Easy record keeping: Digital reading journals can function as a running record for each student in any classroom. Information from them can document how specific readers are progressing toward IEP or 504 learning objectives; be shared with parents who are curious about what their children are reading and how their writing is progressing; and be folded into responsive teaching practices.

Authentic reading and writing instruction: When literacy teachers feel limited in the classroom, often citing state and district testing mandates and curricular guides, student writing and reading assignments tend to follow suit, resulting in assembly-line assignments culminating in bland five-paragraph response essays. RCJs counter that by encouraging choice and creative commentary, which increases motivation. An RCJ can even operate as a yearlong reading response essay with multiple thesis statements, multiple texts, multiple genres, and hundreds of chances for precise, differentiated reading and writing instruction.

Getting Started

Teachers can ask students to write in the journal daily, every other day, or once a week. If the writing is happening in the Google Classroom, teachers can view live writing, quickly scroll through an entire classroom full of journals, and even watch volume increase and revisions happen in real time. (Be sure to have students write their newest entry at the top of the document so you don’t have to scroll to find it.) Hold virtual writers accountable by saying things like, “Kamal, I don’t see you in your journal” or “Alina, you have only written one sentence. Can you look over the questions I asked and see if you can elaborate a bit?”

Here are some things to remember as you start your digital reading conversation journals in your class.

Respond regularly: Regular writing is key, and so is regular teacher response. Don’t let too many days go by without responding to what students are writing. This is ultimately a conversation, so treat it like one.

Ask questions to promote thought and exploration: Questions allow students to think more deeply about what they are reading and promote more writing volume. Asking questions about how readers are feeling, what they are learning, and where they are headed is an important part of the RCJ process. Questions can be chosen depending on the skill level of the reader.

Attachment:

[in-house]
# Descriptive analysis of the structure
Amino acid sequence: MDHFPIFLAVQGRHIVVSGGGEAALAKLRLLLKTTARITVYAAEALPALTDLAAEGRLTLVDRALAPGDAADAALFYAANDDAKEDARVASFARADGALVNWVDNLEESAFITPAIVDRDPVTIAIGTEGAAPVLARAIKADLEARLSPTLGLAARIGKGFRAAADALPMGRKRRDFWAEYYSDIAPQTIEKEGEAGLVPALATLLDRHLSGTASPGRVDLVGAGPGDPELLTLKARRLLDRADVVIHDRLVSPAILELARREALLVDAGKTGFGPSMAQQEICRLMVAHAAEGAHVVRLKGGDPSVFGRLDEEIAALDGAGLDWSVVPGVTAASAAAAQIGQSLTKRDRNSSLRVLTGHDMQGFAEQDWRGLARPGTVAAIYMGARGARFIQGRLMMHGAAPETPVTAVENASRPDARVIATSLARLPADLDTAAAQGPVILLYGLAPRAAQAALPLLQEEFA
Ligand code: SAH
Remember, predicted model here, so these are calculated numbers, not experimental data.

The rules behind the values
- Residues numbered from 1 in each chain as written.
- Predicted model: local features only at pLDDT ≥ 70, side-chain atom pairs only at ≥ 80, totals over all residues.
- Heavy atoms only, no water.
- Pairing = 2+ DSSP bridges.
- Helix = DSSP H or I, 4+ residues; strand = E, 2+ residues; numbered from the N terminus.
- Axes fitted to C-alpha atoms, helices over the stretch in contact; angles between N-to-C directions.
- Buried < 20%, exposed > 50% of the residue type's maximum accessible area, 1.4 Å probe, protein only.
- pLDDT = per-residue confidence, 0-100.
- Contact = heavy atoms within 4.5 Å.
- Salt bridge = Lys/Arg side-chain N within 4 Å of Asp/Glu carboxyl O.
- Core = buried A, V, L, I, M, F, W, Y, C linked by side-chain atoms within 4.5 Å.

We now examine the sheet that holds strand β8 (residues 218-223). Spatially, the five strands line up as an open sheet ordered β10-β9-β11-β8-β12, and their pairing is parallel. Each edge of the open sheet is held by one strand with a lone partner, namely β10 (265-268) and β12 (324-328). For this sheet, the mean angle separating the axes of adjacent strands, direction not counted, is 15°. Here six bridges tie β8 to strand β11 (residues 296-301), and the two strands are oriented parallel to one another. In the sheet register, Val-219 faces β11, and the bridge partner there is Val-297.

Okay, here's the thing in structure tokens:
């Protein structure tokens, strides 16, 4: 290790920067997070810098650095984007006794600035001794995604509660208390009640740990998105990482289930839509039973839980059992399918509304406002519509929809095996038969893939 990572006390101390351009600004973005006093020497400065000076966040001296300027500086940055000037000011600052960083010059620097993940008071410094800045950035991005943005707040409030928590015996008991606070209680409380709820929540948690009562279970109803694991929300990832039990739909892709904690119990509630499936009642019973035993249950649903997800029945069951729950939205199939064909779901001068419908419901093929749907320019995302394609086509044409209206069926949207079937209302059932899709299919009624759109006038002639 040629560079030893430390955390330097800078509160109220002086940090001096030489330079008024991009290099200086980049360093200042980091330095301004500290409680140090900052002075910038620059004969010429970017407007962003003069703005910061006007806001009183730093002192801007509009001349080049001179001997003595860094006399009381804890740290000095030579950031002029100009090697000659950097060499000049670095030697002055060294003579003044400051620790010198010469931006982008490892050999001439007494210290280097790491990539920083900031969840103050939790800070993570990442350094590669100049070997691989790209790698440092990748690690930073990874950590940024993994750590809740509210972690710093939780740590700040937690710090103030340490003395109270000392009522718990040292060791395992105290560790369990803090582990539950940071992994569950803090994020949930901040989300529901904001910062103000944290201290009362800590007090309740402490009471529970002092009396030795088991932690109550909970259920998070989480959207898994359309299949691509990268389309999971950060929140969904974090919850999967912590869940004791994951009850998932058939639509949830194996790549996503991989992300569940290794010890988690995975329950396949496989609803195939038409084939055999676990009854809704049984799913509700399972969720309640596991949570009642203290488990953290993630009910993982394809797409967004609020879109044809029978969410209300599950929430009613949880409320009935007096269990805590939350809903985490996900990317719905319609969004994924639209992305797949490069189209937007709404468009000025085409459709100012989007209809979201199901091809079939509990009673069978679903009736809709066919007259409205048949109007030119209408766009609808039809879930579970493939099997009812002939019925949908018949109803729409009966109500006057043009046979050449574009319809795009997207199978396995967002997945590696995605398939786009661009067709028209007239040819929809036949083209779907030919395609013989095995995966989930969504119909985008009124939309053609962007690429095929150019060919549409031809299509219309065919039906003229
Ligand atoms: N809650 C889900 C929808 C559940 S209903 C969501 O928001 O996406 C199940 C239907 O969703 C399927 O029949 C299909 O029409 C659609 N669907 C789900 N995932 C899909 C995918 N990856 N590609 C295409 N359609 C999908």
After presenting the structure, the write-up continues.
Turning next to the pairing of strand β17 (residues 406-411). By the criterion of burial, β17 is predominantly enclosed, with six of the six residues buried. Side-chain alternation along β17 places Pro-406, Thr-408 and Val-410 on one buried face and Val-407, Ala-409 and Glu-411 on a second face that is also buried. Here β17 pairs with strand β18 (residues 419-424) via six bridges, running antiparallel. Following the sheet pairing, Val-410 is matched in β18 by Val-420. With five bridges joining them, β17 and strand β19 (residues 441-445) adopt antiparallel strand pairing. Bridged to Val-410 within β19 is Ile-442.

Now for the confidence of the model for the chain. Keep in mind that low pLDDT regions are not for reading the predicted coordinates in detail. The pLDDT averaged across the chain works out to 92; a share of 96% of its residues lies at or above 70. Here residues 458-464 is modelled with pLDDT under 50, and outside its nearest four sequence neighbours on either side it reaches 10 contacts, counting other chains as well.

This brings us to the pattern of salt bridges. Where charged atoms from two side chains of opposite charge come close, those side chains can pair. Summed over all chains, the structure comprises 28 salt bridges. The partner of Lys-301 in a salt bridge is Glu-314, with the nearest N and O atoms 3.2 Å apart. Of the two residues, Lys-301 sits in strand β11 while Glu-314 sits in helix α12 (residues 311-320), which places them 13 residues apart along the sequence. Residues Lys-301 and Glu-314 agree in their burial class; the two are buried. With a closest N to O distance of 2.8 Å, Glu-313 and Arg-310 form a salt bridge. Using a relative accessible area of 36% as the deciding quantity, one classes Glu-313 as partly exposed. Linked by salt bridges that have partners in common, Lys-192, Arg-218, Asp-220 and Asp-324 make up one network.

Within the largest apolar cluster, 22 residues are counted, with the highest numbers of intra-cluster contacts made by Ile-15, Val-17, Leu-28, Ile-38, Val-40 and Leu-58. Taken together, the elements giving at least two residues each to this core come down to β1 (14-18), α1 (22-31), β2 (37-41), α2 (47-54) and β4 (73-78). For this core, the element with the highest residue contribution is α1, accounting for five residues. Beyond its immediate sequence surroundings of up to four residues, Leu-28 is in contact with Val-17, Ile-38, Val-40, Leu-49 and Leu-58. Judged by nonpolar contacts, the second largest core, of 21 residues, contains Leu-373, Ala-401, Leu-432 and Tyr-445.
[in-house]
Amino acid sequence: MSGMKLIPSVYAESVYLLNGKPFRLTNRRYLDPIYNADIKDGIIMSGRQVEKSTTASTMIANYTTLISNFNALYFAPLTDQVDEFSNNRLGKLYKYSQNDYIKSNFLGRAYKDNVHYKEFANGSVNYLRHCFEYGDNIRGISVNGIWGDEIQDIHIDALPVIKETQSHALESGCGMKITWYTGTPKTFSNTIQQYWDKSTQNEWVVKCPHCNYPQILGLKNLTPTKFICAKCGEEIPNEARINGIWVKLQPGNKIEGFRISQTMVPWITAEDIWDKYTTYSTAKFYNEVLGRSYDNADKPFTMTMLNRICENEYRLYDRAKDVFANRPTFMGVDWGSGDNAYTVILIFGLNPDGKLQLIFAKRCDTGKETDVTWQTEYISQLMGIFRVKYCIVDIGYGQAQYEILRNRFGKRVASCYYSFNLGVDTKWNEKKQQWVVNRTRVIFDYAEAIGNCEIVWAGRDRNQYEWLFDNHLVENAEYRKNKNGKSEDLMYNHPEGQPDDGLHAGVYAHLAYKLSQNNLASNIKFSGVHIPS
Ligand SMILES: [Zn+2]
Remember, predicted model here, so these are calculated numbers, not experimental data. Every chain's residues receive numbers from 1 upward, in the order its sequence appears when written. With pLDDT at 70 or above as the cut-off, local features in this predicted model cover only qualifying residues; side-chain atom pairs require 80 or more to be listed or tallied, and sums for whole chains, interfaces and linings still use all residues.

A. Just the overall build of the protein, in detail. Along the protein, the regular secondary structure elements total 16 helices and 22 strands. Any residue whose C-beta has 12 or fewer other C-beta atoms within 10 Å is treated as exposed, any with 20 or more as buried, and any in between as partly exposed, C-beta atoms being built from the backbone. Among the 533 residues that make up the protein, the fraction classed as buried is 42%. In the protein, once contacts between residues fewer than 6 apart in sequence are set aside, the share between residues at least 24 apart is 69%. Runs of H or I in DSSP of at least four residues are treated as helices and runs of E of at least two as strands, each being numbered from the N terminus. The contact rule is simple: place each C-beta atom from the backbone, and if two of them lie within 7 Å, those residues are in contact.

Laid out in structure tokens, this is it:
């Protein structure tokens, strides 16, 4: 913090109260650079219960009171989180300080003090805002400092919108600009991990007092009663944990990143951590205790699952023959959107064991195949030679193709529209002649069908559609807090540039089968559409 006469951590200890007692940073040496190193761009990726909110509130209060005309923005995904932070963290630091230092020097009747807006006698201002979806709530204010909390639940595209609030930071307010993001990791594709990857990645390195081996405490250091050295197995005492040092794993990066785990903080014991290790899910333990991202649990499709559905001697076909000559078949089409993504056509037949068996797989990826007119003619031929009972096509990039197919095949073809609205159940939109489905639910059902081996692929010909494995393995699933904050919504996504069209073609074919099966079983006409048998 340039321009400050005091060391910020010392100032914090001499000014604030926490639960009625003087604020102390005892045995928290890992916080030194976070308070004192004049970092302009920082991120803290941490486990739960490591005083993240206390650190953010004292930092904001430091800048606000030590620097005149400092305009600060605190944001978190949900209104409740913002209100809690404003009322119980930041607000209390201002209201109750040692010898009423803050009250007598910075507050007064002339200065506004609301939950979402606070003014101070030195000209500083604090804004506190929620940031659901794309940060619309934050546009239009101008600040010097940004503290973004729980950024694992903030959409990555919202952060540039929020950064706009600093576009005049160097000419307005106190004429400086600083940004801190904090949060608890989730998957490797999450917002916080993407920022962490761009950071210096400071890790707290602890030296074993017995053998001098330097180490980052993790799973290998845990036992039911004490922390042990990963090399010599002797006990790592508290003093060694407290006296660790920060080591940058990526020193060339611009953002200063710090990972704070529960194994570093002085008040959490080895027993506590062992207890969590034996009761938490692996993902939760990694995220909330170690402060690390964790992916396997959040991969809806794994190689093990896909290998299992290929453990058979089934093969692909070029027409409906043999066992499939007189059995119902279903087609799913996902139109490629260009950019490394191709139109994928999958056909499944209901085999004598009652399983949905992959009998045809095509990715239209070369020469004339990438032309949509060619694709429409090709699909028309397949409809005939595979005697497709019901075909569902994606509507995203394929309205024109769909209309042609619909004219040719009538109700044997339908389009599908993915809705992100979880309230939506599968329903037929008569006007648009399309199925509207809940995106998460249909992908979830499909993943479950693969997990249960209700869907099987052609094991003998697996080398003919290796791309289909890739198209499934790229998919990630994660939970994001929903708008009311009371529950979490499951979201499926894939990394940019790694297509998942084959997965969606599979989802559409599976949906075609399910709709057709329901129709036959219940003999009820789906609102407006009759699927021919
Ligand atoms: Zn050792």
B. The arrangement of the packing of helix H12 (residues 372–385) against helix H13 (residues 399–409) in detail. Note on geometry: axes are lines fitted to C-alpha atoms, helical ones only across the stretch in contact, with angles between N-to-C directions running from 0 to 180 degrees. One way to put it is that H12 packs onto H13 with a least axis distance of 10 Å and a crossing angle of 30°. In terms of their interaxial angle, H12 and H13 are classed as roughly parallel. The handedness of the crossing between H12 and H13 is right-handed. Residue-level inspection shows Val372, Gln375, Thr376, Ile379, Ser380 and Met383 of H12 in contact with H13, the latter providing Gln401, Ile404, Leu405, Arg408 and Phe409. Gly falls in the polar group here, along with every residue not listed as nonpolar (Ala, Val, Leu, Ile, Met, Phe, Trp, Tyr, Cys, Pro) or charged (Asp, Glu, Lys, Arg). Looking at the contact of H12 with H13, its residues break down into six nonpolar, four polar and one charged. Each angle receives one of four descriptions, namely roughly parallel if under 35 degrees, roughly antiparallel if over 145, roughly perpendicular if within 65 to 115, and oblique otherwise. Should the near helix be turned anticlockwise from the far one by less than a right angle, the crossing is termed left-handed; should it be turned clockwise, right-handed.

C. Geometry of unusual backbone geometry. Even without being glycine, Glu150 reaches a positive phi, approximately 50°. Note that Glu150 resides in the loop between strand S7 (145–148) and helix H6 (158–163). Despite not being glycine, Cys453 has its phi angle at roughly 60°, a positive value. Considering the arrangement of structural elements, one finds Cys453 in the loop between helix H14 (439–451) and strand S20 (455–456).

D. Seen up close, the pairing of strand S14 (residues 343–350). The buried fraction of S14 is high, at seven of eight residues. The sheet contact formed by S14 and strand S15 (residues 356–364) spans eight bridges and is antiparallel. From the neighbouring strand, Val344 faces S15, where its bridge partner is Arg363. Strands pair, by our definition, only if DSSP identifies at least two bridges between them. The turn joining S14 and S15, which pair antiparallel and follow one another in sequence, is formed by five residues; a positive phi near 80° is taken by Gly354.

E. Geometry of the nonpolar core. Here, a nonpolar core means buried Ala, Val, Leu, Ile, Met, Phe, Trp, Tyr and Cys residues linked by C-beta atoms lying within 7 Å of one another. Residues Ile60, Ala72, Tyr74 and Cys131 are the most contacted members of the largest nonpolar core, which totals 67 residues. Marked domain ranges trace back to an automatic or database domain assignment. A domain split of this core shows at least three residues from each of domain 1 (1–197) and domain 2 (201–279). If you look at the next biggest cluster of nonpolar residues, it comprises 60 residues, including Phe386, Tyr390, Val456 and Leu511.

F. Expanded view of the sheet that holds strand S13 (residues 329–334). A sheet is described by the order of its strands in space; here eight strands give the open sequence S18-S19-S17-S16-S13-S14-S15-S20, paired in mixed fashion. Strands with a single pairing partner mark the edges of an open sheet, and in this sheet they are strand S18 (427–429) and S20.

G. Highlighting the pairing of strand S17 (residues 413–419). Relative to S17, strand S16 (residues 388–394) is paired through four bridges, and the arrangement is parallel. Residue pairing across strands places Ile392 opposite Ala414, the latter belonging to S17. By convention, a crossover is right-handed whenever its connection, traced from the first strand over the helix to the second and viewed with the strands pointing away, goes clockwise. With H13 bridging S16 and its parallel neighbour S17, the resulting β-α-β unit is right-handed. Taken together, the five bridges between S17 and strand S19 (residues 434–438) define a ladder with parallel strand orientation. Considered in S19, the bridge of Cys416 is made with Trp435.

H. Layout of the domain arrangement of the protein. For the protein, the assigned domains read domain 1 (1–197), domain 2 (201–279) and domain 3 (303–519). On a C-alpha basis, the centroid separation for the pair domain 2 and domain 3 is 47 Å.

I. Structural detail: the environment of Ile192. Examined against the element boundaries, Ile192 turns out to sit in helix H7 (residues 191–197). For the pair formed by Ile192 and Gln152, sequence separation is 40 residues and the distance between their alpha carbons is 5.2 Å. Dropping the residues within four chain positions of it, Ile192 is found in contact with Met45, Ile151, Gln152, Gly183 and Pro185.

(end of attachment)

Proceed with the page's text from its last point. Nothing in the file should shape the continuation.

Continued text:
Share your own stories: Share stories about yourself in the digital exchanges you have with your students so that your human, personal side emerges and reveals itself. This builds deeper, more meaningful relationships and trust in any kind of classroom.

De-emphasize grading: The response writing should have the feel of a conversation—casual, continuous, intimate, organic. If students are thinking about earning a grade (or the criteria on a 10-point rubric), they are less apt to talk freely, and they are much less likely to say or realize anything interesting.

Allow the conversation to wander: Reading conversation journals give students space to talk to a caring adult about the things that excite them, the things that get them out of bed each day, and their passions, beliefs, and struggles. Let the conversation veer into the realm of movies, video games, sports stars, or fan fiction. Also, in these tangents, students might reveal information that could help you better differentiate instruction or understand their learning style and classroom goals. Moreover, tangents might be where students reveal details about their home life, language needs, physical disabilities, classroom seating preference, reading or writing limitations and history, and emerging beliefs and philosophies about culture and lifestyle choices.